TechWhirl (TECHWR-L) is a resource for technical writing and technical communications professionals of all experience levels and in all industries to share their experiences and acquire information.
For two decades, technical communicators have turned to TechWhirl to ask and answer questions about the always-changing world of technical communications, such as tools, skills, career paths, methodologies, and emerging industries. The TechWhirl Archives and magazine, created for, by and about technical writers, offer a wealth of knowledge to everyone with an interest in any aspect of technical communications.
-> As a newbie, career-changing, wannabe technical writer, I was hoping
-> there might be some experienced writers in the software industry who
-> would have some advice for a doctoral-level educator with a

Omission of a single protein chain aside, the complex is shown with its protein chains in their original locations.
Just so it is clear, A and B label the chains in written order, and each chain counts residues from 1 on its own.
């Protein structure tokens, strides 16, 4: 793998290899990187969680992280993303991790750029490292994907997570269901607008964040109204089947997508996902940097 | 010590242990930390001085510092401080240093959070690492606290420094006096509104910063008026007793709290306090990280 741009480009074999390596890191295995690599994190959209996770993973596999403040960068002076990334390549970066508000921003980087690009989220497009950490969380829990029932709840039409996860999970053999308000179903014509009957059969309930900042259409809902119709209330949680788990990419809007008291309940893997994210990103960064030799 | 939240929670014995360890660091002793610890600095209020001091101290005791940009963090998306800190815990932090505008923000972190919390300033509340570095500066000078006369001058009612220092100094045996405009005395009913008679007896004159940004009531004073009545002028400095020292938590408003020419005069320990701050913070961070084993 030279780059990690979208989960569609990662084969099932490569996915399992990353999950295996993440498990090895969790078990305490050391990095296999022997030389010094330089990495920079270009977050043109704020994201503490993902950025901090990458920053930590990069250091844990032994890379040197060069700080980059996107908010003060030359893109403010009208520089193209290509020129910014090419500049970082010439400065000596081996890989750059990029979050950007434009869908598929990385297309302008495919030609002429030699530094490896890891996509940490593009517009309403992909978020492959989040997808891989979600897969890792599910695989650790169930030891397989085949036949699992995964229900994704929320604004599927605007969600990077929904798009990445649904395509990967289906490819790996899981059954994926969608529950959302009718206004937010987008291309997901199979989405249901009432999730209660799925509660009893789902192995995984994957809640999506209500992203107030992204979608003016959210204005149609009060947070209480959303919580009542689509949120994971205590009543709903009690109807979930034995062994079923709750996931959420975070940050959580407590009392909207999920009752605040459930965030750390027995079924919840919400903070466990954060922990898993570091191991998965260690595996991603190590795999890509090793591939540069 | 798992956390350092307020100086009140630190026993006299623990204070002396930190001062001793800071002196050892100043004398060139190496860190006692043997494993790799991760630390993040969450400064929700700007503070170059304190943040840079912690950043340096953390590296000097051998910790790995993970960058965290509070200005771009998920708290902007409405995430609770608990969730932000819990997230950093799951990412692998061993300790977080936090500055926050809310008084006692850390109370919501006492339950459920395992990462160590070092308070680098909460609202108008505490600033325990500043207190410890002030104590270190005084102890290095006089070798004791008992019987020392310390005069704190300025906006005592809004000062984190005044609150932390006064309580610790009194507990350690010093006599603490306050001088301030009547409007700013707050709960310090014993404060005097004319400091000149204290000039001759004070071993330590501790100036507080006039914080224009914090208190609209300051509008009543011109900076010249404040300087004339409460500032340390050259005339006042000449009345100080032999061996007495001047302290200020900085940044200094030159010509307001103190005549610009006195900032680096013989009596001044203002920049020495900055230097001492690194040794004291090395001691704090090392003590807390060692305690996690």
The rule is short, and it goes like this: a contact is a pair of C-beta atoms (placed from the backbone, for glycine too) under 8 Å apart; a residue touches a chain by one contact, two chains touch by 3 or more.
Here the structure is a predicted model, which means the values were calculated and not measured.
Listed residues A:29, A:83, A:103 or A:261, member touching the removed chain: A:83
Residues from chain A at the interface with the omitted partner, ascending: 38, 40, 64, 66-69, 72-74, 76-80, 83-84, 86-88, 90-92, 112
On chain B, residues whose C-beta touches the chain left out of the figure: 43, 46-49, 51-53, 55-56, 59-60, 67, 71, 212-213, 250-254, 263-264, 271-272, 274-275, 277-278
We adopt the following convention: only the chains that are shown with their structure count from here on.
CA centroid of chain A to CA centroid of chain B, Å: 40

-> certificate in technical writing (UW) who is trying to get into the
-> software industry.
Faced with the "Can't get a job without experience, can't get experience
without a job" problem that so many new grads face, I found two solutions:
1) Volunteer for anything remotely applicable, whether it pays or not. It
gets your name
and your work known. (I even stooped to a bit of ghost writing in
exchange for layout
experience with a local "yellow rag".)
2) Look for the companies who pay poorly and have high turnover; they are
unlikely to be
fun -- but they are more likely to be willing to try an unknown
quantity and it will get your
foot in the door. Expect trouble, and start looking soon after you
start work. (Think of it
as "paying dues" or your "apprentice period".) One you're working, you
can use the
experience to trade up. (That's what sweatshops are for, right?)
What it amounts to is "never stop looking for an opportunity--and you'll
never stop finding them."
Using this philosophy I've increased my income by $48k per year in the 5
years since leaving college.